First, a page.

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Reform Magazine | September 27, 2020

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I was a Greenbelt popstar, nearly

I was a Greenbelt popstar, nearly

In the 1980s, Greenbelt festival looked like Dixe Wills’ path to fame, if only he could get the right name for his band

I’ll admit it now, the beginning of this tale is less cool than I could ever have imagined it would be. Back in 1981, when they’d just broken into the charts, U2 made a surprise appearance at Greenbelt. Excited beyond reason, my friend Tim and I donned tea towels (for reasons that are now less than clear to me) and made for the mainstage, a venue we had eschewed all weekend (we were waaaay too hip and happening to see Cliff Richard.) There we danced with a degree of ostentation I might find unbecoming today, singing along to every word of every song, thus demonstrating to anyone unwary enough to be within earshot that we were devotees of late-night radio shows where we had got into this edgy band long before anyone else here had heard of them, you know. Little did we know that U2 would later become so unpopular that the only way they could get their music heard was to arrange to have it automatically added to everyone’s iTunes accounts. But the seed was sown. One day, I would be up there on stage myself – if not singing about The Troubles, then singing about my own troubles.

Aside from providing an opportunity to confirm to the girls in my church youth group that I was every bit as affected as they had suspected, that appearance by Dublin’s Fab Four would help set me on a path that would take up nearly a decade of my life. And in a weird and wonderful way, Greenbelt both shaped and mirrored my youthful dreams. Indeed, looking back, one might say that the festival acted as my enabler, largely in the second dictionary definition of that word.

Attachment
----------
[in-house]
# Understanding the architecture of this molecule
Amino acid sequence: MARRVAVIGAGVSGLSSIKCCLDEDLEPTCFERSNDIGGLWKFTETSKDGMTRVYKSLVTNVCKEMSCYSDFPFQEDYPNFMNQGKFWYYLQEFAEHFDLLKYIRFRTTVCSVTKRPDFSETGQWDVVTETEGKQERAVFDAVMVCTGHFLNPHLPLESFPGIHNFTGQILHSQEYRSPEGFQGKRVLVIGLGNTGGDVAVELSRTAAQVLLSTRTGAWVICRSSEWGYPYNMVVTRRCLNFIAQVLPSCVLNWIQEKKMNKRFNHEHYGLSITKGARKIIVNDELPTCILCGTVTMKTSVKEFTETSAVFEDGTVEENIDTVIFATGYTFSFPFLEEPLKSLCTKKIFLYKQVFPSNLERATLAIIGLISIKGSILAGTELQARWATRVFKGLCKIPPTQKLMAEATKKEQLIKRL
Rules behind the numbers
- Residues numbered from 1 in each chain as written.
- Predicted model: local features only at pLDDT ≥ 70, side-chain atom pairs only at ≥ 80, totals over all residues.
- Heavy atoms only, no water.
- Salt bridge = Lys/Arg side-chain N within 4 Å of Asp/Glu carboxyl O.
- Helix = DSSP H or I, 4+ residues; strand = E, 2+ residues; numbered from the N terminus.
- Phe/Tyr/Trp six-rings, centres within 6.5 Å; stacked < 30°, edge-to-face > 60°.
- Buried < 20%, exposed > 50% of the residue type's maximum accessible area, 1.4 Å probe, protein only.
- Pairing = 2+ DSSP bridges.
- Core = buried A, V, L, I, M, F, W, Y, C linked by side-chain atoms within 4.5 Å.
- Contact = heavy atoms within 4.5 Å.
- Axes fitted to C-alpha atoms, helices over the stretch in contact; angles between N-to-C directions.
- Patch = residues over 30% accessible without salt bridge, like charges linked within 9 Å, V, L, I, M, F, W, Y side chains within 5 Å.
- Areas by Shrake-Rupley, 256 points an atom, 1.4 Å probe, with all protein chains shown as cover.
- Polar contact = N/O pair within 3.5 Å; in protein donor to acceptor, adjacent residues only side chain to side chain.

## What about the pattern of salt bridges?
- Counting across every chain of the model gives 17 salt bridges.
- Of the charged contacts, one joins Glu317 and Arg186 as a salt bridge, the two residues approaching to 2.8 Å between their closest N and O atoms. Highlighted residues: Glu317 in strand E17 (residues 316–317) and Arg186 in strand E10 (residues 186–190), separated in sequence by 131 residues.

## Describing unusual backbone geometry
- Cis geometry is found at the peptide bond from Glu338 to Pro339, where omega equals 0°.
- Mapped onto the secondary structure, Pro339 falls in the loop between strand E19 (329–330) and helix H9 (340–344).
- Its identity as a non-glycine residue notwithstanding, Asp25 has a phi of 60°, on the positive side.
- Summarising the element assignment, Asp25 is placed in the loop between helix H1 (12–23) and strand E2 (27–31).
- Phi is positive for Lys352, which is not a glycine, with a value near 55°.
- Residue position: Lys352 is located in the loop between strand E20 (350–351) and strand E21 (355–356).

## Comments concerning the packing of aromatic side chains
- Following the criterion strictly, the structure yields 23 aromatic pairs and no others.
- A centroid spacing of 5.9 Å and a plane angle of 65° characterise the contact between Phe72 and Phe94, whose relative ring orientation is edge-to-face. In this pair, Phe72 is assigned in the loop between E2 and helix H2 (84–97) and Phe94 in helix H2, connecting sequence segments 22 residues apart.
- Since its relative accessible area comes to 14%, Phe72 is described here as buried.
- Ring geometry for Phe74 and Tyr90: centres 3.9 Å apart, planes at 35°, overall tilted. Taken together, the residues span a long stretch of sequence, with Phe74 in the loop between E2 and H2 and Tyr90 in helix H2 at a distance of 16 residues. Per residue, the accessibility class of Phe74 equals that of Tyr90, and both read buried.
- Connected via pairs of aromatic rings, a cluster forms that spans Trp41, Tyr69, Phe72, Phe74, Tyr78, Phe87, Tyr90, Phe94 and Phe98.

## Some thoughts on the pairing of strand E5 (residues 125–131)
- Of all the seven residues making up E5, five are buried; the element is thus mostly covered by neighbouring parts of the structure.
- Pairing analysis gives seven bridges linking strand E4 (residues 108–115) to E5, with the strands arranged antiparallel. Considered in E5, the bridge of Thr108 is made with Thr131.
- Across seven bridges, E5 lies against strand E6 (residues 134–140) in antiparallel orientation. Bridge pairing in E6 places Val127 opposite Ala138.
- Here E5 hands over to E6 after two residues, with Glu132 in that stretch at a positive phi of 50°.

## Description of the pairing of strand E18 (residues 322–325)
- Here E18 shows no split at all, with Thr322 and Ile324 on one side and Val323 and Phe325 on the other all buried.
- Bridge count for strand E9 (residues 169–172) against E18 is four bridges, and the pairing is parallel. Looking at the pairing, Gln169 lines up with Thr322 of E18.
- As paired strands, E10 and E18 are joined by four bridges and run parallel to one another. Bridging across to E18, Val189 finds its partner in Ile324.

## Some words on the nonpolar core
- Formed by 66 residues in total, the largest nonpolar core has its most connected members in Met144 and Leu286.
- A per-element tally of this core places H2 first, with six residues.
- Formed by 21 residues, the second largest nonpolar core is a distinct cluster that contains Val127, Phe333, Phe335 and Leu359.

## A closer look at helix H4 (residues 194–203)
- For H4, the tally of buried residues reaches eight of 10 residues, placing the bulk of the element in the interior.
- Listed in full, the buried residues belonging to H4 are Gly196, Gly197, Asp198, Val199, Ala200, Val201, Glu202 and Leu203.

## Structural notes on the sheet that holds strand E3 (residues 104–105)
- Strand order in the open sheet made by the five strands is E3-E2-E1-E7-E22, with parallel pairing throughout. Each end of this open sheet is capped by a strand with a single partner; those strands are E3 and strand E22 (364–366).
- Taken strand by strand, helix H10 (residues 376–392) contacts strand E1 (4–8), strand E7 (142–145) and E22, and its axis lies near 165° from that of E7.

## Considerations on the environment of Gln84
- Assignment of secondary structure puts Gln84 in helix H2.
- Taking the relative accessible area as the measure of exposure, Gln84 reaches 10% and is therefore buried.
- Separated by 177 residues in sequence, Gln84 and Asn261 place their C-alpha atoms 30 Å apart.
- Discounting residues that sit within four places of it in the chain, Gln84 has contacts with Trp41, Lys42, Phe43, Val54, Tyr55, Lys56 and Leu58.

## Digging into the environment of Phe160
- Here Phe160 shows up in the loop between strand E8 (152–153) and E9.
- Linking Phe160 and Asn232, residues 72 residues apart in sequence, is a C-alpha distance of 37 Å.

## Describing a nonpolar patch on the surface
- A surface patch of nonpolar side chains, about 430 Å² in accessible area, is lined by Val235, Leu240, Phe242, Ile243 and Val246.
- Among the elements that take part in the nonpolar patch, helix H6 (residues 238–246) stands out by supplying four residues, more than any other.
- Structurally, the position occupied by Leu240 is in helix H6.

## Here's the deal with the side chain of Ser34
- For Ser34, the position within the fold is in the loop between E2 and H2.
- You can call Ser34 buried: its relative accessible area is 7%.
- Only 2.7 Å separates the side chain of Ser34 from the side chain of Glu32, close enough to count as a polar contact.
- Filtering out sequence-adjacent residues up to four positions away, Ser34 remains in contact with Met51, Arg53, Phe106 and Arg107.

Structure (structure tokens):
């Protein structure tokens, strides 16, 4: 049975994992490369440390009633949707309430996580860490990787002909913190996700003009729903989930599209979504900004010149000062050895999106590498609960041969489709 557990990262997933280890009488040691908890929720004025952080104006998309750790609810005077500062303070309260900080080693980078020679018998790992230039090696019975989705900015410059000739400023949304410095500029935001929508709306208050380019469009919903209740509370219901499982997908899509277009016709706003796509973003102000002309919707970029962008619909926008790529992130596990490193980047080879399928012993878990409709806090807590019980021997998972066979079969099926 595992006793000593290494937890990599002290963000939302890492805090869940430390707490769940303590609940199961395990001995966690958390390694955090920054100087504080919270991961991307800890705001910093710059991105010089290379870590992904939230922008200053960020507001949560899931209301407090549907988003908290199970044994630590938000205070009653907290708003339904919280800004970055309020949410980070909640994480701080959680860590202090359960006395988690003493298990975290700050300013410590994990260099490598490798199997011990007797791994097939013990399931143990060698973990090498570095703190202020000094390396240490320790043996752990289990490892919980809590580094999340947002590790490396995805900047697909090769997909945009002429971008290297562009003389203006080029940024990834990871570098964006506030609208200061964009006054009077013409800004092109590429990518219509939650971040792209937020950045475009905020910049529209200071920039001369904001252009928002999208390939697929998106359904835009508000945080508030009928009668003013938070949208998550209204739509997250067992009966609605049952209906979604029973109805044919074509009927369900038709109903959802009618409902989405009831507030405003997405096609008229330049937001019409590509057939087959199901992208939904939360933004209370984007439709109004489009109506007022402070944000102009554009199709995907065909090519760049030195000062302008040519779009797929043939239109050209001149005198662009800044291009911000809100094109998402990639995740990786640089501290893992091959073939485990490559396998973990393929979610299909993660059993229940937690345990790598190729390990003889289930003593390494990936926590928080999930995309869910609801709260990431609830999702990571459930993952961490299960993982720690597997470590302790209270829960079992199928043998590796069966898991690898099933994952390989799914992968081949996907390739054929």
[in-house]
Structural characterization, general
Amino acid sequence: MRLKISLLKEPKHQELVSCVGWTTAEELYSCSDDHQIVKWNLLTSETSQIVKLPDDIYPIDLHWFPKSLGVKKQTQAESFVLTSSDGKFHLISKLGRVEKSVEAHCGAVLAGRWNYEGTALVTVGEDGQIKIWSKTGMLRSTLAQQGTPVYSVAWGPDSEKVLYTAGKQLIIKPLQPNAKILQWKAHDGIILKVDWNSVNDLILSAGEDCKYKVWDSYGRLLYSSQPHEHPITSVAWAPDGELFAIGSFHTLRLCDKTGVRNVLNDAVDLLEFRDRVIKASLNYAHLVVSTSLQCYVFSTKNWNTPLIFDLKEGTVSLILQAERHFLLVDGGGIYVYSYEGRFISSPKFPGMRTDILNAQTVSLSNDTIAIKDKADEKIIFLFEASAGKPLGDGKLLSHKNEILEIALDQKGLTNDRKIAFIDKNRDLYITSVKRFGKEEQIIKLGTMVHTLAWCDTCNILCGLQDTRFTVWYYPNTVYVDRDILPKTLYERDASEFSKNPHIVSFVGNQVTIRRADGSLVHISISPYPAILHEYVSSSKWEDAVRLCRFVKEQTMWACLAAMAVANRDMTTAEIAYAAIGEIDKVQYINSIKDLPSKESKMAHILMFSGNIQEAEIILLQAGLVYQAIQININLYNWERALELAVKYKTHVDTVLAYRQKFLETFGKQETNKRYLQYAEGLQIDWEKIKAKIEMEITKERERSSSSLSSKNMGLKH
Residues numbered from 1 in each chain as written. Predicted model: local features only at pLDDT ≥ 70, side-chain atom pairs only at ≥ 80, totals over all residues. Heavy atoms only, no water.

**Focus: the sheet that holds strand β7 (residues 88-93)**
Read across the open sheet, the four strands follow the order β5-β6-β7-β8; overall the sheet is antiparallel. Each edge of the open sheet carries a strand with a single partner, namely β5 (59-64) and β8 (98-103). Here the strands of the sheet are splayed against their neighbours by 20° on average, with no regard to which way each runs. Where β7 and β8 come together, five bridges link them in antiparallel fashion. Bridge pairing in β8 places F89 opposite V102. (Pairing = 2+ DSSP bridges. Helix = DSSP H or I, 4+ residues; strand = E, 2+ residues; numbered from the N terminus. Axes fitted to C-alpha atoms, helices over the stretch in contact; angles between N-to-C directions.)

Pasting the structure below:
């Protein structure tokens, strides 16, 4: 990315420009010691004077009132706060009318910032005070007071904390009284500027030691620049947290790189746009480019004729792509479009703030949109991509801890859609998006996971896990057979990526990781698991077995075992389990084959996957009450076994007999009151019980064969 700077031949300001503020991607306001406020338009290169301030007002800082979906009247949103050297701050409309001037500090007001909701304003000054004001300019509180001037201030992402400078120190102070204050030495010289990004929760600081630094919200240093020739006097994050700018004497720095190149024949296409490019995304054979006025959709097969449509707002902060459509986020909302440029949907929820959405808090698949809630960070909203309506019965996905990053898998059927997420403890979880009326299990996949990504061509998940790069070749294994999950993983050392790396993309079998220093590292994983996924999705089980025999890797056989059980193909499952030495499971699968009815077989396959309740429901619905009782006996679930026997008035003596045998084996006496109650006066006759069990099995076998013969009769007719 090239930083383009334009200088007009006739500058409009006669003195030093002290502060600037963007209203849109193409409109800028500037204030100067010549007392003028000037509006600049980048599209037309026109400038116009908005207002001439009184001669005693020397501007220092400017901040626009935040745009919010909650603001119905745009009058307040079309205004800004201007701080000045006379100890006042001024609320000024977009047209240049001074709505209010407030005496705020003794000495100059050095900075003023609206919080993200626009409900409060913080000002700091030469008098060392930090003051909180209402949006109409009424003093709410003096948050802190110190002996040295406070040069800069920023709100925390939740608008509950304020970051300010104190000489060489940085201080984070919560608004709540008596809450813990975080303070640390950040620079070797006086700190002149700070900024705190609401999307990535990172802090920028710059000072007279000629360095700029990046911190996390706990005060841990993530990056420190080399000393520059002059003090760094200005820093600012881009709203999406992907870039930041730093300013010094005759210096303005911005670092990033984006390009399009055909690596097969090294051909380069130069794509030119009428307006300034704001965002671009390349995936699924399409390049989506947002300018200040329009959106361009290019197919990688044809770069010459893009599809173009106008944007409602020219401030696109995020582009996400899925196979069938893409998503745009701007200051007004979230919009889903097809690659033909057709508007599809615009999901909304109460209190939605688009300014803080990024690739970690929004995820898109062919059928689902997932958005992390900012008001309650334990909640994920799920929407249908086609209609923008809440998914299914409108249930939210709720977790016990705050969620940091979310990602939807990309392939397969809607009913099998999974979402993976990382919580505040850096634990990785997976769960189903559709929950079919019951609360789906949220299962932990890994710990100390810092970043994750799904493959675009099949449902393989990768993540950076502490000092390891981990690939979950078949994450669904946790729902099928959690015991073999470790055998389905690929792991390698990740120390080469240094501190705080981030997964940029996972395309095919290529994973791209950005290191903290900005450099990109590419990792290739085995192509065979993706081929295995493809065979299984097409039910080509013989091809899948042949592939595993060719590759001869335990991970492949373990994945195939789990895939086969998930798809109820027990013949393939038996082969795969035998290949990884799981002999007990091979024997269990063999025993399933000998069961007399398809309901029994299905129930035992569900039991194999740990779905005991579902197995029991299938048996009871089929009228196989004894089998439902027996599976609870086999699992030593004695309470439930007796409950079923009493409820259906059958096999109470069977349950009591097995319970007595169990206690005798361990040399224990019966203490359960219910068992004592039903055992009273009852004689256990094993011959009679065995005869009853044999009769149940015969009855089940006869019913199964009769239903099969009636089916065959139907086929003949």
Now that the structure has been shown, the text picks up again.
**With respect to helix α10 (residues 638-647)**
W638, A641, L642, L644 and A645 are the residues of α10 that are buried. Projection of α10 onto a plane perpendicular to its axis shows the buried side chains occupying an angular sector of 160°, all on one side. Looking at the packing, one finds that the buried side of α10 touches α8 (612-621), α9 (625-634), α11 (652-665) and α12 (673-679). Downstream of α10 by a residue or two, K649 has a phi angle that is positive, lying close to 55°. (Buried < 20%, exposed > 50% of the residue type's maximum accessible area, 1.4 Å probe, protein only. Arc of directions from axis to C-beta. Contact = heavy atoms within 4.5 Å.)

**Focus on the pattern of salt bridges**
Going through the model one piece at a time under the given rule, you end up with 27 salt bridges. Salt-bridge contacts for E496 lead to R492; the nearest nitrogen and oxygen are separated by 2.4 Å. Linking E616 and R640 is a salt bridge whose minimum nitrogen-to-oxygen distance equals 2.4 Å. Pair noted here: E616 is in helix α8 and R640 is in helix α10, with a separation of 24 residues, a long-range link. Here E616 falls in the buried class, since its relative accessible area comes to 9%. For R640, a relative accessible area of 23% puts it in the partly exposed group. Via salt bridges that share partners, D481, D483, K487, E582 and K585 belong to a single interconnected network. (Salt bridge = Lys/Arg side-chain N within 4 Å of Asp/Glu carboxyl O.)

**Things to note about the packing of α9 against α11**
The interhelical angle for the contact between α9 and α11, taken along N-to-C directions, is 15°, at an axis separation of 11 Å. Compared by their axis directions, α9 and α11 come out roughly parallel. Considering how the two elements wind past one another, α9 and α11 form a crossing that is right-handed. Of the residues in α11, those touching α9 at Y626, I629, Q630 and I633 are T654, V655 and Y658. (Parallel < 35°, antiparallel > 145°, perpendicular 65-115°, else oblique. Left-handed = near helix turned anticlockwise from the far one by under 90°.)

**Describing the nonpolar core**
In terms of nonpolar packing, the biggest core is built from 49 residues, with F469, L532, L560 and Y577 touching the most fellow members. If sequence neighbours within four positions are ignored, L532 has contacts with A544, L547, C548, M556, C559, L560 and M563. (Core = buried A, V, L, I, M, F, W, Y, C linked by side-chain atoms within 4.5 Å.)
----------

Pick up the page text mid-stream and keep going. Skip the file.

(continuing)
Fast forward to 1987 and the callow youth had become a man, or certainly reckoned himself one. The fact that I was not a natural musician had done nothing to deter me from forming a series of short-lived bands with ever more ridiculous names. Nigel Golfclub and the Modern Existentialists, Borussia München Tree-surgeon, More Shaken Than Hurt (Öfficial) – I had been the warbling front man of them all. But now at last I had joined forces with Tim (thankfully sans tea towel) to found the supergroup that was always meant to be…

Dixe Wills is a travel writer. His most recent book is The Wisdom of Nature (Quadrille, 2019)

This is an extract from an article that was published in the July/August 2019 edition of Reform. To read the full article, subscribe to Reform

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